In the same vein, seemingly technical details teach important messages.  The four passages in the Torah that mention tefillin comprise the text that is found inside the boxes of the tefillin.  All four passages are in one compartment in the shel yad but in four separate compartments in the shel rosh.  R. Hirsch writes that this indicates that our thoughts incorporate a variety of distinct and important themes but those disparate themes must be united in one purposeful life of Jewish practice.  We place the parchment in batim (literally = houses, the term in halakhic literature for the boxes of the tefillin) because a house symbolizes stability and permanence.   Those batim must be square because while nature can produce round items, only the human being called upon by tefillin is capable of producing square objects.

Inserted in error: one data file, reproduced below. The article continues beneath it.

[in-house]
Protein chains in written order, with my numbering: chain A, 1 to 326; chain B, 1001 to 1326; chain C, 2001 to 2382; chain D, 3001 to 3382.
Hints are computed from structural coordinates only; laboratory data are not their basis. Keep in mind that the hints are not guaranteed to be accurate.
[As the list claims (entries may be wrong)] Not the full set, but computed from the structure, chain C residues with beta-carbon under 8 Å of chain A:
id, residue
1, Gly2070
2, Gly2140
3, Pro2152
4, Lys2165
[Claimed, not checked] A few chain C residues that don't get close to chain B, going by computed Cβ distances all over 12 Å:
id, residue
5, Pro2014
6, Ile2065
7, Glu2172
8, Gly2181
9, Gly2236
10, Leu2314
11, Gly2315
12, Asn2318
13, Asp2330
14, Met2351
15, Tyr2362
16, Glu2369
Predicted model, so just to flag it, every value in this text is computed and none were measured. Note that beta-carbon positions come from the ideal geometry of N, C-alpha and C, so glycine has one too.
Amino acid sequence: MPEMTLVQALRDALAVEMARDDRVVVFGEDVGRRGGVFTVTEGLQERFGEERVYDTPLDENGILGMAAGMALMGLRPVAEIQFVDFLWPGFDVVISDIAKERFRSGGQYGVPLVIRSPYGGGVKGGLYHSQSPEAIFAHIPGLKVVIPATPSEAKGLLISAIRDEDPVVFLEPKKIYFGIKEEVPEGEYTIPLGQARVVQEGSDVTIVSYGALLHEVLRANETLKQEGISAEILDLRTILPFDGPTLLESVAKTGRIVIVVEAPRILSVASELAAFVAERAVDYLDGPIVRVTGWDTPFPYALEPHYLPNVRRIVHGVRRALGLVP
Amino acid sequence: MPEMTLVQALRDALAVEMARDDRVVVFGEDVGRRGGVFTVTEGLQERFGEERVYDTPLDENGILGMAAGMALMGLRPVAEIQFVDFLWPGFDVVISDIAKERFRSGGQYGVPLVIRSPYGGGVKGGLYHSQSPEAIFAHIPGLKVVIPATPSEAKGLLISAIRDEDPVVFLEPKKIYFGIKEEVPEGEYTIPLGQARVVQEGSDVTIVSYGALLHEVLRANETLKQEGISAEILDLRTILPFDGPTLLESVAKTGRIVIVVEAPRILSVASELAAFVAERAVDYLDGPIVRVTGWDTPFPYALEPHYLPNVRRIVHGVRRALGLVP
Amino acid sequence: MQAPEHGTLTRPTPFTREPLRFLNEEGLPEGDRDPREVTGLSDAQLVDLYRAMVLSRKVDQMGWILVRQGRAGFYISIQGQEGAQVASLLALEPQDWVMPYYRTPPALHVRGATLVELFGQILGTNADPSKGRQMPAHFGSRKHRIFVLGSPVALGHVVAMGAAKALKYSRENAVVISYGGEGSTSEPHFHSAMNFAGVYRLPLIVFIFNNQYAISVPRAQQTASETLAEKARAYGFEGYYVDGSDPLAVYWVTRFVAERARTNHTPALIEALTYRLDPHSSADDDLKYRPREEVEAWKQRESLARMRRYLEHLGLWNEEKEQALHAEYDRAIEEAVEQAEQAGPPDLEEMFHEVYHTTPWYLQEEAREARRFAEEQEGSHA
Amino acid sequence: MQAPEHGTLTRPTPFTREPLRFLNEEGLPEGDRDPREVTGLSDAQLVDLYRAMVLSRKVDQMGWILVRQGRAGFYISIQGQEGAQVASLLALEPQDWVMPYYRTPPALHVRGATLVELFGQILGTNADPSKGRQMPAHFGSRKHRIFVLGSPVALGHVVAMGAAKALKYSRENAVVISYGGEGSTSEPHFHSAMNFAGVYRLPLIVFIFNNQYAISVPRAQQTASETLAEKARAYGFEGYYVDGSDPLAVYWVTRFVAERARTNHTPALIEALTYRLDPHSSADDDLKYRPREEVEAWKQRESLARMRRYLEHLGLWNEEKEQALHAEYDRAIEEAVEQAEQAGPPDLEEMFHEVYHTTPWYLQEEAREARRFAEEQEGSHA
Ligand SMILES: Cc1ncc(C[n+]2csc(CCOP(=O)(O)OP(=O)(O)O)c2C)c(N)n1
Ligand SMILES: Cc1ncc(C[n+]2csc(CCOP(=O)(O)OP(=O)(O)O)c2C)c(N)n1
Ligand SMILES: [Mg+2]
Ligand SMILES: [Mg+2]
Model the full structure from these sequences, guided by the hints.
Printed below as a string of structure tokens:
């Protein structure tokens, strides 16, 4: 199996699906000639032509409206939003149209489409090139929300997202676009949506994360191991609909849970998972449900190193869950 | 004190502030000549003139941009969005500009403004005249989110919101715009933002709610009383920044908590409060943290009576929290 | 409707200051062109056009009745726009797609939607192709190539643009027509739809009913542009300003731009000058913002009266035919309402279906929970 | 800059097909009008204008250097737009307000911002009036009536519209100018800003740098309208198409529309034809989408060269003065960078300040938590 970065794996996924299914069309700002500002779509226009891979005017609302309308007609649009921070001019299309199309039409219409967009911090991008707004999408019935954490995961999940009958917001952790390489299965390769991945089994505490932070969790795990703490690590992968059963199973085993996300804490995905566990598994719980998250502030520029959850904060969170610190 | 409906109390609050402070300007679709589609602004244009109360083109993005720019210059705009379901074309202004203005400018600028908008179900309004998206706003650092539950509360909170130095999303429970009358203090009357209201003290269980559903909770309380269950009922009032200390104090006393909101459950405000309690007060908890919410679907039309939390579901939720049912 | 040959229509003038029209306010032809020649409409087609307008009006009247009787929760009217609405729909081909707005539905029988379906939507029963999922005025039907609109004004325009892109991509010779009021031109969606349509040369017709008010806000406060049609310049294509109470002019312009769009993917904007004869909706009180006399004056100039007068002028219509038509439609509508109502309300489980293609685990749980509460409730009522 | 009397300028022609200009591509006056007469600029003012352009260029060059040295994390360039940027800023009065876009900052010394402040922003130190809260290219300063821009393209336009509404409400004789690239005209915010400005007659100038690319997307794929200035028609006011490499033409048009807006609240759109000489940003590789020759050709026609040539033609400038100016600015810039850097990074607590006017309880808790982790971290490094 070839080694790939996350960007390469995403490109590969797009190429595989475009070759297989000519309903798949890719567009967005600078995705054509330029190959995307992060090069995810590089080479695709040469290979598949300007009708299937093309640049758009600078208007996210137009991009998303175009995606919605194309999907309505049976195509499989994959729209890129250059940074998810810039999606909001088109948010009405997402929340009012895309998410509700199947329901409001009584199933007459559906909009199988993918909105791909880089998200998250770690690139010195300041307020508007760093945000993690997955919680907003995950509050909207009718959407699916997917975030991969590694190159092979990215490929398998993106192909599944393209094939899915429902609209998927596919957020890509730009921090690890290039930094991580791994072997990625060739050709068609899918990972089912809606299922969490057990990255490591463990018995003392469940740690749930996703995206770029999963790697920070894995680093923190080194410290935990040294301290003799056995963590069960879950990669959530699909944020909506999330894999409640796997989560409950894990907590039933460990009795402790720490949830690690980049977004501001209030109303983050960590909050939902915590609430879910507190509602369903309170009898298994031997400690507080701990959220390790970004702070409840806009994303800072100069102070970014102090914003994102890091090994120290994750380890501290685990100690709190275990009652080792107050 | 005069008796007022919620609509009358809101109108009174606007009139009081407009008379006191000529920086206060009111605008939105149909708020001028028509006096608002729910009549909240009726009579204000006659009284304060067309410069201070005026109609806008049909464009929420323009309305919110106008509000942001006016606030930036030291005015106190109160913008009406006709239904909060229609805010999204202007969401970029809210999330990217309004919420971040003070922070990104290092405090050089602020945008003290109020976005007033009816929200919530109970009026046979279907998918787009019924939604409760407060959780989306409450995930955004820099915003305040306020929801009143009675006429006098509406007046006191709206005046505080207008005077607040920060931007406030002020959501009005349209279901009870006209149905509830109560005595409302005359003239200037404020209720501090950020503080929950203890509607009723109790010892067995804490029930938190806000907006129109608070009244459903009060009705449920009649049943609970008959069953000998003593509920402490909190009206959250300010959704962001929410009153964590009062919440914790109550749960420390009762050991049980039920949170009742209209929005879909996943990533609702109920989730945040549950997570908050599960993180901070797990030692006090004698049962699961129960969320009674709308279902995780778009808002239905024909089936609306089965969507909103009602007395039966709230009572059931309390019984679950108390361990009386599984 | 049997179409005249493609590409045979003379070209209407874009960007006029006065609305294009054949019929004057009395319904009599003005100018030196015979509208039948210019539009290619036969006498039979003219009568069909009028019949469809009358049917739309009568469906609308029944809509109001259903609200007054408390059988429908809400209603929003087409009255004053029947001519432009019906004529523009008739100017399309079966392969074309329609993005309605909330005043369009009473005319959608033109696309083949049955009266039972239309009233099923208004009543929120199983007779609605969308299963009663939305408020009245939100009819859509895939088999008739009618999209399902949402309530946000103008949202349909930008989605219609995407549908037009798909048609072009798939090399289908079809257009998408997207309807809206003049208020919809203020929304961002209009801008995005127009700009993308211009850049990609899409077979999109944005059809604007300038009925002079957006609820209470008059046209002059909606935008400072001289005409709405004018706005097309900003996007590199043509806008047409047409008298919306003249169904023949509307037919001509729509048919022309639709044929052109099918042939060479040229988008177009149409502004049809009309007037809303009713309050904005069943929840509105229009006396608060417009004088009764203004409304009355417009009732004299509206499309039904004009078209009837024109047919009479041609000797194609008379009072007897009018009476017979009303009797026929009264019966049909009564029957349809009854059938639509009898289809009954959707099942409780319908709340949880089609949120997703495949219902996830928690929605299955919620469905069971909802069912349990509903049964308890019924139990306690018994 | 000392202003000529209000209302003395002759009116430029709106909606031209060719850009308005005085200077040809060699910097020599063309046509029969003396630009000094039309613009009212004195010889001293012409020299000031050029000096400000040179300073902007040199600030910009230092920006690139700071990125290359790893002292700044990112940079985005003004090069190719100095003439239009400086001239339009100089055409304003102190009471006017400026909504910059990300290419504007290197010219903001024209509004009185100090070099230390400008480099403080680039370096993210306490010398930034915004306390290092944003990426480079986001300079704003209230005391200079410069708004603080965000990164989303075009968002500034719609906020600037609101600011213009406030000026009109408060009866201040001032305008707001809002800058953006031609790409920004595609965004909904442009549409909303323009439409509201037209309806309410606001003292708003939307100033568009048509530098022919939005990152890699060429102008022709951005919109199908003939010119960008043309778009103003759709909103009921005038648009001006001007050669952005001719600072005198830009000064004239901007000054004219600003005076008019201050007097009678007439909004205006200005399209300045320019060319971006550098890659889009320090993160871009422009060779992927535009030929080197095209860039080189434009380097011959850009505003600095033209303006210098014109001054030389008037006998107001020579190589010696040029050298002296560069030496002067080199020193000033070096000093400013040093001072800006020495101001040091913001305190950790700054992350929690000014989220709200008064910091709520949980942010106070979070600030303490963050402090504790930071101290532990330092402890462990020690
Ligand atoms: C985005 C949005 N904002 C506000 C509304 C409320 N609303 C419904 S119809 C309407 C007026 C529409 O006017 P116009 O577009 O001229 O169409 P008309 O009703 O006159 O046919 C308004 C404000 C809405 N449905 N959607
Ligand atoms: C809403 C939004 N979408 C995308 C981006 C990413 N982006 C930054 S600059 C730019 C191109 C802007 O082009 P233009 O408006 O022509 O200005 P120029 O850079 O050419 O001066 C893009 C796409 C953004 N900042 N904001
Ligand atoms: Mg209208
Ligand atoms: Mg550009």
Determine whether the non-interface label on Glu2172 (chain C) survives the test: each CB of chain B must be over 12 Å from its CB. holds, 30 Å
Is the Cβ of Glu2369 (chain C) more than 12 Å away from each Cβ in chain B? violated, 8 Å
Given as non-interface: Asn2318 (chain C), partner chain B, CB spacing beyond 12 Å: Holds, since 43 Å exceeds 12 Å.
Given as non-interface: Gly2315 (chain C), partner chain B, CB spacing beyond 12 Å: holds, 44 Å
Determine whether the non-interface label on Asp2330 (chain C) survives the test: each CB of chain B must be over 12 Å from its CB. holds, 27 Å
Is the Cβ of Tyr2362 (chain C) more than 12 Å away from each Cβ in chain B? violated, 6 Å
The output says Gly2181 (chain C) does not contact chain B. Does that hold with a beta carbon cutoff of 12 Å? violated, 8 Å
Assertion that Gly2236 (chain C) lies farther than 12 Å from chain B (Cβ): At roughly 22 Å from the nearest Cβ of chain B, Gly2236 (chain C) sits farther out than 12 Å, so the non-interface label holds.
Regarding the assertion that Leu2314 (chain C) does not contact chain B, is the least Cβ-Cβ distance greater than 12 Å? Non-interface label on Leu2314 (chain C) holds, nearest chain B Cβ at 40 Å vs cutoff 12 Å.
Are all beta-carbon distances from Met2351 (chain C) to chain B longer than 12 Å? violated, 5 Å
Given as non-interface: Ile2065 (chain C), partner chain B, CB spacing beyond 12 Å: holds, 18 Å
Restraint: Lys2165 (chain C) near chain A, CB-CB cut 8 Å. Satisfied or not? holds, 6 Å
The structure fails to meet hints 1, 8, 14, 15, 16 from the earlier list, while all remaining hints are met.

The Torah explicitly says that tzitzit remind us to adhere to the commandments.  R. Hirsch points out that humanity adopted garments as a result of the first sin.  Thus, garments appropriately remind us to keep God’s word.  The fringes of the tzitzit unite the white of universalism with the blue of Jewish particularism.  Each fringe has a knotted section and a part that hangs loose to symbolize that the Torah restrains humanity but also allows for human freedom to flourish. 

 

Circumcision teaches a similar balance.  The act of cutting indicates a restraining of physicality and desire.  However, the peri’a that peels back the membrane symbolizes the ability to release physicality in a positively channeled fashion.  Here, R. Hirsch returns to another of his favorite themes, that Judaism demands the sanctification of the physical and not its nullification.